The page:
Written by Brandon

June 14th, 2011 at 9:23 pm

MIX: Hold Tight.

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Hold Tight Mix

Earlier today, someone asked me on Tumblr, “do you think yo can find a better song than this?” and then linked to Change’s “Hold Tight.” I wasn’t sure if I could, but I thought that the least I could do was provide a list of similarly awesome songs. And then, tonight I put together a mix of those songs and I added a few others to stretch it out to a nice hour or so. Enjoy!

  • Change, “Hold Tight”
  • Slave, “Dreamin”
  • Shalamar, “I Can Make You Feel Good”
  • George Duke, “Straight From The Heart”
  • Loose Ends, “Hangin’ On A String (Contemplating)”
  • Kashif, “Stone Love”
  • Michael Wycoff, “Looking Up To You”
  • Cameo, “Sparkle”
  • The Gap Band, “I Can’t Get Over You”
  • Maze, “Joy And Pain”
  • Junior, “Mama Used To Say (Extended Version)”
  • One Way, “Dynomite”

Written by Brandon

June 12th, 2011 at 2:01 am

Posted in mix CD

Something About Kreayshawn.


Kreayshawn, V-Nasty, and company are mostly supported by people who, unlike Willy Staley here, aren’t willing to roll around in the mud with White Girl Mob’s inextricable racial and cultural problems. And that’s because rap’s completely mainstream and even Internet scenes break through to a significant audience, and so, white rap fans who’d rather not wrestle with outsider status get something out of all this authenticity stuff being ripped apart for good.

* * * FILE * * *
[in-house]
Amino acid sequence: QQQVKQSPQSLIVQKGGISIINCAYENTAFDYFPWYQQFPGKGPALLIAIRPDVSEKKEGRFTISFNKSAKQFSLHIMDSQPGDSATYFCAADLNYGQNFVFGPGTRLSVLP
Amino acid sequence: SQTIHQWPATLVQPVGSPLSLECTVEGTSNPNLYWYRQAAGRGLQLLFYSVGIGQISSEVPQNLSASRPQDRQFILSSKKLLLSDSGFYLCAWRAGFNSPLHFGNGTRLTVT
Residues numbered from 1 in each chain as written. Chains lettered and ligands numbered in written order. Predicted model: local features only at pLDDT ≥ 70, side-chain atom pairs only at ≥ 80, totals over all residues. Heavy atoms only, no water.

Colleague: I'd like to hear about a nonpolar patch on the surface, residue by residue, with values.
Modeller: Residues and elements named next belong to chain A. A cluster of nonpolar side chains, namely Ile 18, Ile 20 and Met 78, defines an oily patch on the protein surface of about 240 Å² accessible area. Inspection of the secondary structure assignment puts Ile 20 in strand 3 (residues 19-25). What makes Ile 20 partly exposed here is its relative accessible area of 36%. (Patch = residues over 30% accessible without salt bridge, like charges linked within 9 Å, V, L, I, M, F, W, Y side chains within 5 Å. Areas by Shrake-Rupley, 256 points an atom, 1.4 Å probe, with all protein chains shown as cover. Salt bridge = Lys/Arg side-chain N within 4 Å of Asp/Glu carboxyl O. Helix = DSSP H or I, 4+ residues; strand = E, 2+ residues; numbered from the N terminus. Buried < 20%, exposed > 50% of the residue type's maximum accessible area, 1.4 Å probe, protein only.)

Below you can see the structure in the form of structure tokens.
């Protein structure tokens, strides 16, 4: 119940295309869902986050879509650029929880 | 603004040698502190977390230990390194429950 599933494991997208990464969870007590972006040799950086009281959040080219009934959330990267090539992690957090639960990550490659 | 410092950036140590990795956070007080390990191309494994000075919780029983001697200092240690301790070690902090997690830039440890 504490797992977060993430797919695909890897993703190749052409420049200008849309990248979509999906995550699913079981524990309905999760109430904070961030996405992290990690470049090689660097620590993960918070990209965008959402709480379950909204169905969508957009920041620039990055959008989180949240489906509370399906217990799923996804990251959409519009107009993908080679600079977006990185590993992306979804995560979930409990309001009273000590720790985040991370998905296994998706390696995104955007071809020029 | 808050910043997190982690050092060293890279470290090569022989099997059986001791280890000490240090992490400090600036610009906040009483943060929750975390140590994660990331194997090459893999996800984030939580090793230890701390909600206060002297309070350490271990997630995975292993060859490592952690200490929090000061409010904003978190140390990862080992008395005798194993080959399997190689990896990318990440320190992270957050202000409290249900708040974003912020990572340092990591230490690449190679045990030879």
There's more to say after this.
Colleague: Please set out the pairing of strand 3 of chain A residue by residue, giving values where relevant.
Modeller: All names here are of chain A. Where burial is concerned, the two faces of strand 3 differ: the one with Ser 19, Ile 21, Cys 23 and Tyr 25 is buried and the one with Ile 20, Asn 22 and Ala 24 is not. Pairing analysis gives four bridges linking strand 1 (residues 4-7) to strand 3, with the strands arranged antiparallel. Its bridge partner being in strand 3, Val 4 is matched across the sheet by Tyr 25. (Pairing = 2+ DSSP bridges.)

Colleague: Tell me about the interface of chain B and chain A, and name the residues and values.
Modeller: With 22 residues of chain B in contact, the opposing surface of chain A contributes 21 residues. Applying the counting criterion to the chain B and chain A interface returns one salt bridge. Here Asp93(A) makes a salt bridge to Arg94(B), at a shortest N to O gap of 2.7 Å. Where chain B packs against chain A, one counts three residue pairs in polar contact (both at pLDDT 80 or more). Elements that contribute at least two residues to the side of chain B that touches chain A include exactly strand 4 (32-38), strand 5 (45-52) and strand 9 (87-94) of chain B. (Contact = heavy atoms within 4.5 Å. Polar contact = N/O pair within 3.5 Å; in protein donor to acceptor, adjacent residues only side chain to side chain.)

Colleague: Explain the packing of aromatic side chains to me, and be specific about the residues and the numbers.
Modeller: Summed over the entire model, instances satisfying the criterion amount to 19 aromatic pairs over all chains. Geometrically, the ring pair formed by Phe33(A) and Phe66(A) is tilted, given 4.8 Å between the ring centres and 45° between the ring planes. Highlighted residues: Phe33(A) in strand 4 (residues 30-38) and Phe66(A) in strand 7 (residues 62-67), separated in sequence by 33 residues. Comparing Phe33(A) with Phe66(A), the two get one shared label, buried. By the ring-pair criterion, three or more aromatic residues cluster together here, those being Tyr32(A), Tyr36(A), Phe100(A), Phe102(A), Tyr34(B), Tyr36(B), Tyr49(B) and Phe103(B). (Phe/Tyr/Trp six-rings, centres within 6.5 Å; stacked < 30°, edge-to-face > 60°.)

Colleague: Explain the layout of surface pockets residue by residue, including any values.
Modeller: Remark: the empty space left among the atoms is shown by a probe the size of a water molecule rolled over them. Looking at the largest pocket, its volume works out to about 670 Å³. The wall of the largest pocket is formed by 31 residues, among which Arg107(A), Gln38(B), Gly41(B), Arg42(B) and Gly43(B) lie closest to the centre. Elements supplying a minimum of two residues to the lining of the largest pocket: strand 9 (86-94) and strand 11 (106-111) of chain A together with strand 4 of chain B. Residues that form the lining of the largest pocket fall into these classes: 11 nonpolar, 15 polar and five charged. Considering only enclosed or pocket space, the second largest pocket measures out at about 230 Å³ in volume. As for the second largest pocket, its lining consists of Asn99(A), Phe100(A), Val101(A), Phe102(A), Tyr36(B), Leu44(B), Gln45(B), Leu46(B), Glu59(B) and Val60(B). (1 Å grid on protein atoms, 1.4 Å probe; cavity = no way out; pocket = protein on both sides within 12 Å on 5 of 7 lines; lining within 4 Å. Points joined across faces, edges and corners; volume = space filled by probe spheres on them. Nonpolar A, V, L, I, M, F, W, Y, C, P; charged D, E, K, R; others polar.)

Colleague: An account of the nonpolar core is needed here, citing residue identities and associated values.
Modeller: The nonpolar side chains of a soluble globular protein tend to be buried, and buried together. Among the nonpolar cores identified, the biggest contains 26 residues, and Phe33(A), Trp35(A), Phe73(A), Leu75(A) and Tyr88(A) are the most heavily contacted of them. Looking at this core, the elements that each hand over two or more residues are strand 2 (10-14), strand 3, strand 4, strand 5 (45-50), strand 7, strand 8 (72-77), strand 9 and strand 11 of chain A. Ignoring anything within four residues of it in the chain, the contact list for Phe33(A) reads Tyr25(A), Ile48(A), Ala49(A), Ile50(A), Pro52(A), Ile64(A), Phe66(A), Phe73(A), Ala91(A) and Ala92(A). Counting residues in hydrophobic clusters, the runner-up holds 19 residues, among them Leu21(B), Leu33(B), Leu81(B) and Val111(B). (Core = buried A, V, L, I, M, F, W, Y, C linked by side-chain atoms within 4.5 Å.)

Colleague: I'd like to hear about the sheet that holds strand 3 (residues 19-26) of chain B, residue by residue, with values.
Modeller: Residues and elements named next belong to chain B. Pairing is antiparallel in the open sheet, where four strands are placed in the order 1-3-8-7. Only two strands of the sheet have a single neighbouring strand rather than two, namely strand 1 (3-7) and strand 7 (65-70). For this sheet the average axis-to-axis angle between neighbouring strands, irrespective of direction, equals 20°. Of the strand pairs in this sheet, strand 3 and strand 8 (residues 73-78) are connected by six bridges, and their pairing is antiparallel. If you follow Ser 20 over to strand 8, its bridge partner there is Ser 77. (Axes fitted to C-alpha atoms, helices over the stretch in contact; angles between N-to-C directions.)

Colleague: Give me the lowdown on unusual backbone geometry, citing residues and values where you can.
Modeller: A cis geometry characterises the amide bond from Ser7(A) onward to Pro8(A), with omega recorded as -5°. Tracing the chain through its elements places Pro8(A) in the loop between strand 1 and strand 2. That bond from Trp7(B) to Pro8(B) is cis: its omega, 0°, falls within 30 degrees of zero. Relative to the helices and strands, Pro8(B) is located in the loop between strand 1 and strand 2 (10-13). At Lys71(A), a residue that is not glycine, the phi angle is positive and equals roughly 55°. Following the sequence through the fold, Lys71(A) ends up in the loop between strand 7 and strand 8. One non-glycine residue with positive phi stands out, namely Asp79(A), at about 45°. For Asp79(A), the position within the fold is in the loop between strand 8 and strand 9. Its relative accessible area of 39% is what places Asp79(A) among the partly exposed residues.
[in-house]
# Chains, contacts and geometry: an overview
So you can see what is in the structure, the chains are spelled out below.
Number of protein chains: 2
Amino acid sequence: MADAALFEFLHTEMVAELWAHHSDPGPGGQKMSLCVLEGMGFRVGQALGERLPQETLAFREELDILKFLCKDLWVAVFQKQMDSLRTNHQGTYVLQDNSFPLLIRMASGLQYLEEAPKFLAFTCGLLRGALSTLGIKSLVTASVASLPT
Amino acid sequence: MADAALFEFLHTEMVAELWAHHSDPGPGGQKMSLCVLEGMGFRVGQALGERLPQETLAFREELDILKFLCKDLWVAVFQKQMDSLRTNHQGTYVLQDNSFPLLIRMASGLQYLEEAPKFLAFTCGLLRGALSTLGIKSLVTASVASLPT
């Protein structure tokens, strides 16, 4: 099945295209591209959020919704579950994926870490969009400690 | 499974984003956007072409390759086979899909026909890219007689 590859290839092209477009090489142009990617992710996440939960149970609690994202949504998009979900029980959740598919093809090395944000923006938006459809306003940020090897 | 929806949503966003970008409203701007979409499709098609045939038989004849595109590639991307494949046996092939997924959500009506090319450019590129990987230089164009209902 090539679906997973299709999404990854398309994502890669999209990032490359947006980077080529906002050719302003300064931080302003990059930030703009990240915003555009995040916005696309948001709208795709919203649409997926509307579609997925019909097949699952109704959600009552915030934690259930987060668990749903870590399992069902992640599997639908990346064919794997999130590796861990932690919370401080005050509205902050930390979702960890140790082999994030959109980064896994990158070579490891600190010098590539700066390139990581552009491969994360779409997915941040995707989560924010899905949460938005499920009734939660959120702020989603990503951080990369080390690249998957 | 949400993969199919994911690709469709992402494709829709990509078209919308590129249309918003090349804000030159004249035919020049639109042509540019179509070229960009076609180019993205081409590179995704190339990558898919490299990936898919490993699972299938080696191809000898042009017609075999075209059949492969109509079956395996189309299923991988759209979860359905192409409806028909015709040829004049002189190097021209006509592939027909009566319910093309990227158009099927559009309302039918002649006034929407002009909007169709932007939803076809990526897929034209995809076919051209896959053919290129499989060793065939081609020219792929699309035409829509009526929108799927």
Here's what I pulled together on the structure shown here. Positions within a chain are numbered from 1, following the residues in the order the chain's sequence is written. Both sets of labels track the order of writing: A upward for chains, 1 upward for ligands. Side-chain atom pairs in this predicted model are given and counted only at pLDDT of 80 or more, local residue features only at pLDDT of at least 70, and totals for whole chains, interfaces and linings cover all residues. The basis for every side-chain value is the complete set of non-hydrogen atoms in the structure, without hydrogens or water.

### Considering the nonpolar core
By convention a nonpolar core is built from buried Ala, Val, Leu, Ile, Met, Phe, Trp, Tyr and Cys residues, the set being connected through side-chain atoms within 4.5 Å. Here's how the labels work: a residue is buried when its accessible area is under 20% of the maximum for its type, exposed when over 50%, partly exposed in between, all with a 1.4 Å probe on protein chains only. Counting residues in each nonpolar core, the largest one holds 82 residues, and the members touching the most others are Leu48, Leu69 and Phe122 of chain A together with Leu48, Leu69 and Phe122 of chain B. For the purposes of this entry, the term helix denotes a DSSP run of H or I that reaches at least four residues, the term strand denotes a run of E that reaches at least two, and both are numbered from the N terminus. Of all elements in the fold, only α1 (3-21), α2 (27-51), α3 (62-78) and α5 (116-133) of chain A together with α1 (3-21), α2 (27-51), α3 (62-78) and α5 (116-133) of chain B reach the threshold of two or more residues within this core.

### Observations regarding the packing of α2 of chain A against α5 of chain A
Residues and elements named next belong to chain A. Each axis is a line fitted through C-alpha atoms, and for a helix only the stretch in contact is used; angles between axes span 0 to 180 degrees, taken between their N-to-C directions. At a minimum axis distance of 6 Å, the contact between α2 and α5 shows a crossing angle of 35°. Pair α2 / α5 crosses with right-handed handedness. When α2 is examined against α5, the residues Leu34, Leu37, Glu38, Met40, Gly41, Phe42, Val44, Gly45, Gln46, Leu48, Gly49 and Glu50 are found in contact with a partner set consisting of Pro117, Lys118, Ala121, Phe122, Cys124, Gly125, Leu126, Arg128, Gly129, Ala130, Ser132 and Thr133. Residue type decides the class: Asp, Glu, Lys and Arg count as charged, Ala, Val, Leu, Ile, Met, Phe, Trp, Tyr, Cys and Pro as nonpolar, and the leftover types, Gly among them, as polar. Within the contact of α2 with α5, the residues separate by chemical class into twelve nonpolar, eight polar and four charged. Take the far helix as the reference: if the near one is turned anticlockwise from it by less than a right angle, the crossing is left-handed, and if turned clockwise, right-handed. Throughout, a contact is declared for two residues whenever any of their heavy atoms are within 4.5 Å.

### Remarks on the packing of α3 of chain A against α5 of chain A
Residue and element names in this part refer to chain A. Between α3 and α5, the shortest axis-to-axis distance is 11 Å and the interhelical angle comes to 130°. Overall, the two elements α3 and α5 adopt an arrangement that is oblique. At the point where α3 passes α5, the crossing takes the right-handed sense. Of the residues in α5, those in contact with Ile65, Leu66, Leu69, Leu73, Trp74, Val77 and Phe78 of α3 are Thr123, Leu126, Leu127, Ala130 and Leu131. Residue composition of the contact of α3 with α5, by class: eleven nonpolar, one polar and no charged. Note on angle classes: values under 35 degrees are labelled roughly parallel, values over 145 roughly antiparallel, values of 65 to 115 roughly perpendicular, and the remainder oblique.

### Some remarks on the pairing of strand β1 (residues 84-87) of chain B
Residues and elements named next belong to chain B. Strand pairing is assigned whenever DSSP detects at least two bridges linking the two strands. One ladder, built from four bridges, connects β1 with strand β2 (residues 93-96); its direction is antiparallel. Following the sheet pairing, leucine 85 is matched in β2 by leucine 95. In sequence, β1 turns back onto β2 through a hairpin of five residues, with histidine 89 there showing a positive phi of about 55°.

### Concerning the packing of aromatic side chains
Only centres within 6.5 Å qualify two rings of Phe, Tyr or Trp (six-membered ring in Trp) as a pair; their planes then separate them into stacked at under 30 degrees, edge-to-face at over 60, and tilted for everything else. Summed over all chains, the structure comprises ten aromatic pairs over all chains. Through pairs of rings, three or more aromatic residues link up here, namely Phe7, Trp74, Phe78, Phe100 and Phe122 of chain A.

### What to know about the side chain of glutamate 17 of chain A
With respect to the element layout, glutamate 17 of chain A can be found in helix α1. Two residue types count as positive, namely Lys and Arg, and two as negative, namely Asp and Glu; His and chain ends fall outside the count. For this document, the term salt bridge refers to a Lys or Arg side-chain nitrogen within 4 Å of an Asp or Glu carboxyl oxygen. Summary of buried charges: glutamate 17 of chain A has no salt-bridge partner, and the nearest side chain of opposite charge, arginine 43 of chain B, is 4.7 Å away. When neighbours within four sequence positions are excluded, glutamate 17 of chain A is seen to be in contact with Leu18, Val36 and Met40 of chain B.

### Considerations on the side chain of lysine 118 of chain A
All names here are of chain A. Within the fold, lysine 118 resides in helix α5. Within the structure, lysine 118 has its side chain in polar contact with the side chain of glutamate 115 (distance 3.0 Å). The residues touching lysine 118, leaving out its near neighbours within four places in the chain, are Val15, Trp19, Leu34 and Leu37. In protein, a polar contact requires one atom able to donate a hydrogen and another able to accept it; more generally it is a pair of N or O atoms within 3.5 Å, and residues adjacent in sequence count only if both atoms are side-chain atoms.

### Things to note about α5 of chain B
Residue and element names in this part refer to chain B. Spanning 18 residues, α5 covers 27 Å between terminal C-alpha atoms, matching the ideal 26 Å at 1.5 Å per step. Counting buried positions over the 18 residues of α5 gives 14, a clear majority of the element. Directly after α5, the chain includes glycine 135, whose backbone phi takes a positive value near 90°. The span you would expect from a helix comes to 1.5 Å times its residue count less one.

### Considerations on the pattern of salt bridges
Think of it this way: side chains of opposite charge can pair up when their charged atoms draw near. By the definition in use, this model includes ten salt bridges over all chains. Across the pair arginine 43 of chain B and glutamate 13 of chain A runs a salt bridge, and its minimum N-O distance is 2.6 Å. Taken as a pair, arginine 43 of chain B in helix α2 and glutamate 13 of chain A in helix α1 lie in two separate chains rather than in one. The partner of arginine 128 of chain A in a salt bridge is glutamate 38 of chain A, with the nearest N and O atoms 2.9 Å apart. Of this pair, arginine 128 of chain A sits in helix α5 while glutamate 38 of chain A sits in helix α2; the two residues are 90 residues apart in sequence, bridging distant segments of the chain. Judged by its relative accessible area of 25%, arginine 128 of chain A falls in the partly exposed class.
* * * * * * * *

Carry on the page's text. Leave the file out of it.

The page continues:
Context’s being ignored and context always matters. That means Kreayshawn goes from mildly entertaining and interesting when she’s this weirdo on the Internet chopping-and-screwing Spice Girls songs and releasing goofy rap, to problematic when she’s being pimped as Ke$ha with street cred by a record label. As it should be. The same way that say, a white girl like V-Nasty can maybe say “nigga” in front of the people she hangs out with, but wouldn’t and shouldn’t be able to when that girl is put into a larger spotlight. Even World Star Hip-Hop. Her context changes. The–in her eyes at least–innocuous use of “nigga” carries more weight now.

This is the gangsta rap debate of the early 90s, the Nine Inch Nails/Marilyn Manson argument of the mid-90s, and the crack rap conundrum of the mid-2000s all over again: What do we do with arguably loathsome popular music? There is one huge difference though. There’s no end to Kreayshawn and her White Girl Mob’s means. There’s no reason, other than turning it into profit, for a large chunk of society to accept or like, even have to deal with this stuff. And if it’s worthy because it’s you know fun, well it’s fun at the expensive of other people.